Natural Resources, School of

 

Date of this Version

2012

Citation

Chemosphere 89:6 (October 2012), pp. 656–664; doi: 10.1016/j.chemosphere.2012.06.004

Comments

Copyright © 2012 Elsevier Ltd. Used by permission.

Abstract

The development of slow-release chemical oxidants for sub-surface remediation is a relatively new technol­ogy. Our objective was to develop slow-release persulfate-paraffin candles to treat BTEX-contaminated ground­water. Laboratory-scale candles were prepared by heating and mixing Na2S2O8 with paraffin in a 2.25 to 1 ra­tio (w/w), and then pouring the heated mixture into circular molds that were 2.38 cm long and either 0.71 or 1.27 cm in diameter. Activator candles were prepared with FeSO4 or zero-valent iron (ZVI) and wax. By treat­ing benzoic acid and BTEX compounds with slow-release persulfate and ZVI candles, we observed rapid trans­formation of all contaminants. By using 14C-labeled benzoic acid and benzene, we also confirmed mineraliza­tion (conversion to CO2) upon exposure to the candles. As the candles aged and were repeatedly exposed to fresh solutions, contaminant transformation rates slowed and removal rates became more linear (zero-order); this change in transformation kinetics mimicked the observed dissolution rates of the candles. By stacking per­sulfate and ZVI candles on top of each other in a saturated sand tank (14 × 14 × 2.5 cm) and spatially sampling around the candles with time, the dissolution patterns of the candles and zone of influence were determined. Results showed that as the candles dissolved and persulfate and iron diffused out into the sand matrix, ben­zoic acid or benzene concentrations (Co = 1 mM) decreased by >90% within 7 d. These results support the use of slow-release persulfate and ZVI candles as a means of treating BTEX compounds in contaminated groundwater.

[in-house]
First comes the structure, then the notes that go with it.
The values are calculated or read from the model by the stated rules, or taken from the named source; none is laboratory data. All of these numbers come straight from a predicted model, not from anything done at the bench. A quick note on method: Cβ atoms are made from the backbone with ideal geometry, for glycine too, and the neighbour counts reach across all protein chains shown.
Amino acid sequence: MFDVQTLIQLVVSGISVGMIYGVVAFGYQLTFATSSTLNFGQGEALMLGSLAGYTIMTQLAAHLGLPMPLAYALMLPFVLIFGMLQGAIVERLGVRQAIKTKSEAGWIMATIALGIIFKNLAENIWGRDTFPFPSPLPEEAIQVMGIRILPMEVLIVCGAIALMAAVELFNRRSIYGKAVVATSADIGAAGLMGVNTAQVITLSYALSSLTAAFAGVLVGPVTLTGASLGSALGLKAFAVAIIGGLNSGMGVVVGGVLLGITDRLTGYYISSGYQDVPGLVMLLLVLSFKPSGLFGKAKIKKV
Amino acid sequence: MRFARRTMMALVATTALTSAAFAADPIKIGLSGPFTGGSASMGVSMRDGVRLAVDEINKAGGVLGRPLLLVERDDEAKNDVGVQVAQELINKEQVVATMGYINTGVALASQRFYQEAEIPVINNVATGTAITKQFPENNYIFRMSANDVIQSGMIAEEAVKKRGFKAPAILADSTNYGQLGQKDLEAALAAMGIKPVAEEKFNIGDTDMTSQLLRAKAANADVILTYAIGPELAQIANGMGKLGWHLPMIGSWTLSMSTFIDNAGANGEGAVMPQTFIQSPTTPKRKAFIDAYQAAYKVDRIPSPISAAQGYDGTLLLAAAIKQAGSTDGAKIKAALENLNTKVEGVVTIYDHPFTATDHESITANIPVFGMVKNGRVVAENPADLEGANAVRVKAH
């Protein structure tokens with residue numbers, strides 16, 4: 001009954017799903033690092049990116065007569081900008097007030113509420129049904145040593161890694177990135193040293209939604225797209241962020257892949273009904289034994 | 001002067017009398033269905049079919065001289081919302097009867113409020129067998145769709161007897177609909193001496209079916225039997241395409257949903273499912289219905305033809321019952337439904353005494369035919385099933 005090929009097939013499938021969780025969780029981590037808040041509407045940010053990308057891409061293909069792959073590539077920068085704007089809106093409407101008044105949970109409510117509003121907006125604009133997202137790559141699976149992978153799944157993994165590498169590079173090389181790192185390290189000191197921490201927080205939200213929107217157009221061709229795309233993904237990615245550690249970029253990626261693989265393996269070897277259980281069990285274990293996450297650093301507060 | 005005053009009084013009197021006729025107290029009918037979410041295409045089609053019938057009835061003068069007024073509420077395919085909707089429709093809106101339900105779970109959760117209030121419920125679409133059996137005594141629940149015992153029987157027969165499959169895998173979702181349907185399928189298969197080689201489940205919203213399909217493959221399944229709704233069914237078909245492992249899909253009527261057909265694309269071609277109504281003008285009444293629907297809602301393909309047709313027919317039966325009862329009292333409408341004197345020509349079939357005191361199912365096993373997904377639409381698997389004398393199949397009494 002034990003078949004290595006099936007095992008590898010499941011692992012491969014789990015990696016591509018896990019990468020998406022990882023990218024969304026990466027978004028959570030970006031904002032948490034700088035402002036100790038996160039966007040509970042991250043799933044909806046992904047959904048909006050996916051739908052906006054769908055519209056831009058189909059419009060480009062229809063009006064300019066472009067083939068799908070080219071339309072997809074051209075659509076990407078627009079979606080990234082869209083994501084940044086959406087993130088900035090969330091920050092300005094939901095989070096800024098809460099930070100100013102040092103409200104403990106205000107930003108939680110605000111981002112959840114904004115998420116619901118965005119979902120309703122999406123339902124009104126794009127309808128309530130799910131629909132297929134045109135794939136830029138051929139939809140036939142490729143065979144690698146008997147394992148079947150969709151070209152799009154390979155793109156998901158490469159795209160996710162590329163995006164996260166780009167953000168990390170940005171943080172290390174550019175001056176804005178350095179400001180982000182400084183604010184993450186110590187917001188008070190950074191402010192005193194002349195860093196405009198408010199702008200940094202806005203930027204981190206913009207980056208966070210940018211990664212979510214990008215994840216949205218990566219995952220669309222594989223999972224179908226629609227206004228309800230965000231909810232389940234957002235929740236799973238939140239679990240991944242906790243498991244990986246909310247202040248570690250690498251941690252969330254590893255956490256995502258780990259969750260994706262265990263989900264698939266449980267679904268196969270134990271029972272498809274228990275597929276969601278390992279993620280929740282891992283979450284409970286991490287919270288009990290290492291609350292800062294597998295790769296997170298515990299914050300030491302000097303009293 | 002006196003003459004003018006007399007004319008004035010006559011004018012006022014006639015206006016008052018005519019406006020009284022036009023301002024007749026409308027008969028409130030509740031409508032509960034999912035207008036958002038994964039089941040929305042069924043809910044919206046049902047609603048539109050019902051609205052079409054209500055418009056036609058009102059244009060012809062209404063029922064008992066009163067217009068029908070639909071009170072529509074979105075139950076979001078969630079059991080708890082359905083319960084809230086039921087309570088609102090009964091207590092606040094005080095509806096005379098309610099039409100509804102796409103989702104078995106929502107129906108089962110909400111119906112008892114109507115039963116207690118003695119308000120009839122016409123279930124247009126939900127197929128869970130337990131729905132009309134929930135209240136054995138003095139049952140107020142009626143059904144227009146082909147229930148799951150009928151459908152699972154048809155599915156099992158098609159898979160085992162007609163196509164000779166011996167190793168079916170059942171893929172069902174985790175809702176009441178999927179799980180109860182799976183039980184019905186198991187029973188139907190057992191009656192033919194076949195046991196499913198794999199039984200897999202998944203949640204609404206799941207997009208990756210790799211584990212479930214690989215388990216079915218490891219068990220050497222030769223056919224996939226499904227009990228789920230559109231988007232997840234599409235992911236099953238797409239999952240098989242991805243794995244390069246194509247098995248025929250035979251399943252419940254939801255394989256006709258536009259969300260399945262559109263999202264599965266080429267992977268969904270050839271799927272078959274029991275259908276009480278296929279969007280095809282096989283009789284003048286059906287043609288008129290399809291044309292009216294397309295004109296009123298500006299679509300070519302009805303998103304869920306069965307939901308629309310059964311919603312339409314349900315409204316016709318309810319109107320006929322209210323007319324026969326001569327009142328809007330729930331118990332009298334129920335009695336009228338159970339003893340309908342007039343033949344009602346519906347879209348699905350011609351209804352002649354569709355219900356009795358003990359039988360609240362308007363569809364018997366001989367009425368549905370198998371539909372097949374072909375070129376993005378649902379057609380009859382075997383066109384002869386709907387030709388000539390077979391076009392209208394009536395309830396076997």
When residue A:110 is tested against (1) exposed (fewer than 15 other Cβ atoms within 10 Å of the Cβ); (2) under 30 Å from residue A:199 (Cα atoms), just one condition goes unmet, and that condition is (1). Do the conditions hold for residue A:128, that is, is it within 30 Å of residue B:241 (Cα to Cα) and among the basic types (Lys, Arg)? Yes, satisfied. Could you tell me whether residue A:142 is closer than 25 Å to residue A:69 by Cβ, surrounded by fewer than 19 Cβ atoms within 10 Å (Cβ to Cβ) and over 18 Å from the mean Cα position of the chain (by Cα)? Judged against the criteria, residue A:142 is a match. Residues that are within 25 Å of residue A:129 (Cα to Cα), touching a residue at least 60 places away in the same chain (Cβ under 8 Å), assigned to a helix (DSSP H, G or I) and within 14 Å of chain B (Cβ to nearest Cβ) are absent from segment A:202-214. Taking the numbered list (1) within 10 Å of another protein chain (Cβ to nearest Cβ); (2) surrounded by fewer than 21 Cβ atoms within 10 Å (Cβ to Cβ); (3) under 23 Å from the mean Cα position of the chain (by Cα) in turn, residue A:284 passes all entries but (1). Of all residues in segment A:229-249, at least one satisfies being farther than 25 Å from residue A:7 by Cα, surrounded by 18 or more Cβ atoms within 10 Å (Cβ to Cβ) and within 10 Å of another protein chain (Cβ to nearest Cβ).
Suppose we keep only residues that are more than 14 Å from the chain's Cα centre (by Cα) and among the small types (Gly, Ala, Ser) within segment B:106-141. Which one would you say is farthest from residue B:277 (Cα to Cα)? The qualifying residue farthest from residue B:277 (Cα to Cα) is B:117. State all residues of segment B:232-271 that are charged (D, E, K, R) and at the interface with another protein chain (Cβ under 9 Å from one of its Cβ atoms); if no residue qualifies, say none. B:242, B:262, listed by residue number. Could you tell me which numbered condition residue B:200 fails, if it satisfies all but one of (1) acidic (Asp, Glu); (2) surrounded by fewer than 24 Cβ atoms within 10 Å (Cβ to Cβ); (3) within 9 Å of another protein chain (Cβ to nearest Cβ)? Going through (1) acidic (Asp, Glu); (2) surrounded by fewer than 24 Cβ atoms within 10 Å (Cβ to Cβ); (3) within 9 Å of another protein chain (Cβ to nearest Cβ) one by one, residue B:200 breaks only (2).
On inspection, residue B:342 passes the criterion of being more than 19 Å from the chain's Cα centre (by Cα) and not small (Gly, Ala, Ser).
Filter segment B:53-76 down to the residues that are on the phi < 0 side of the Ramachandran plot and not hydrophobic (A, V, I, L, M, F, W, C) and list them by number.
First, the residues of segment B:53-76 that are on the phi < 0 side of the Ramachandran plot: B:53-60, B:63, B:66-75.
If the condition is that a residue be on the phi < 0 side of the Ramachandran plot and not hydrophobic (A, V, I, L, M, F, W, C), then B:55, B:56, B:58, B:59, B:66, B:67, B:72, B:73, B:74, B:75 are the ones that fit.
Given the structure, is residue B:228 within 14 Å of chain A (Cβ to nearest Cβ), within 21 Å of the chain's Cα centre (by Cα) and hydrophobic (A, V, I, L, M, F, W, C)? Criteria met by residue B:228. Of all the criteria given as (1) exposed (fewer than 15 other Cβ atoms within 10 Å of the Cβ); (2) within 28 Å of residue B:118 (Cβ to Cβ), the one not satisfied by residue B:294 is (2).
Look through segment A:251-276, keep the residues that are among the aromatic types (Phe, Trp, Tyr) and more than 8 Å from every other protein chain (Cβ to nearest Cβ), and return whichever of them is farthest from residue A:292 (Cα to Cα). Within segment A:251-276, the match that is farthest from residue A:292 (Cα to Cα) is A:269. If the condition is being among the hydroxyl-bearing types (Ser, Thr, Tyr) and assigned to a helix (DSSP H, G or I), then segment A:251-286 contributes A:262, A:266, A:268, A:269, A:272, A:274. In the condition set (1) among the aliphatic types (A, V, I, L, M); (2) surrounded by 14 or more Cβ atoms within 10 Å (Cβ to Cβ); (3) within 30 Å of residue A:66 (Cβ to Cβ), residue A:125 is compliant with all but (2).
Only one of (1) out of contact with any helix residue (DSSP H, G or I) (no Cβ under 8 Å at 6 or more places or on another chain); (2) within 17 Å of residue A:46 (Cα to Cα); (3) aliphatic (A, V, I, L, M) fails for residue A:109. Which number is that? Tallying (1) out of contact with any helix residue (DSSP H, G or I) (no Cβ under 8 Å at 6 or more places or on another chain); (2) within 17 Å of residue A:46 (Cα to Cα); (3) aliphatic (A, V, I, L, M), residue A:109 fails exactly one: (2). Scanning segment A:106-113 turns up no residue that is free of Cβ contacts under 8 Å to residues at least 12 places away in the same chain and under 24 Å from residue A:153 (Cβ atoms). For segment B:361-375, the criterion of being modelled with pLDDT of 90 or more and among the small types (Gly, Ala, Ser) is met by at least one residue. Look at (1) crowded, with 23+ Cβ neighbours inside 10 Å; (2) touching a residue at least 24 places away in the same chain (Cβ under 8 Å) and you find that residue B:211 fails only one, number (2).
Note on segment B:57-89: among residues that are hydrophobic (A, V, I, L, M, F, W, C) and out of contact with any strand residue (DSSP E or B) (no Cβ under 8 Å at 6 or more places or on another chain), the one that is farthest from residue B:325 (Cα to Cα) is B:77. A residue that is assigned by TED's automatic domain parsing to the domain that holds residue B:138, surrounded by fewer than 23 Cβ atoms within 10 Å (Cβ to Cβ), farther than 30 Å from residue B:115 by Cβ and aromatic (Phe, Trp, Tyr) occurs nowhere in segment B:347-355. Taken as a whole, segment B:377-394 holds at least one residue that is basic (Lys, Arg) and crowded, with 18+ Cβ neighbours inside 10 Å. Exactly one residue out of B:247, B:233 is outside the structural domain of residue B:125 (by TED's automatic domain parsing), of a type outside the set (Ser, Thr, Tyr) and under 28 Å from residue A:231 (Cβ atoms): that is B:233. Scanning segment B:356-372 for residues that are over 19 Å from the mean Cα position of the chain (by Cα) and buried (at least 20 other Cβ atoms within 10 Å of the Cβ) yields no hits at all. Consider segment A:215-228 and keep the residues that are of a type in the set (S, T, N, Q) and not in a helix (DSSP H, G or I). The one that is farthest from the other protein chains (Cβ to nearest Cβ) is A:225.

Includes Supplementary Materials.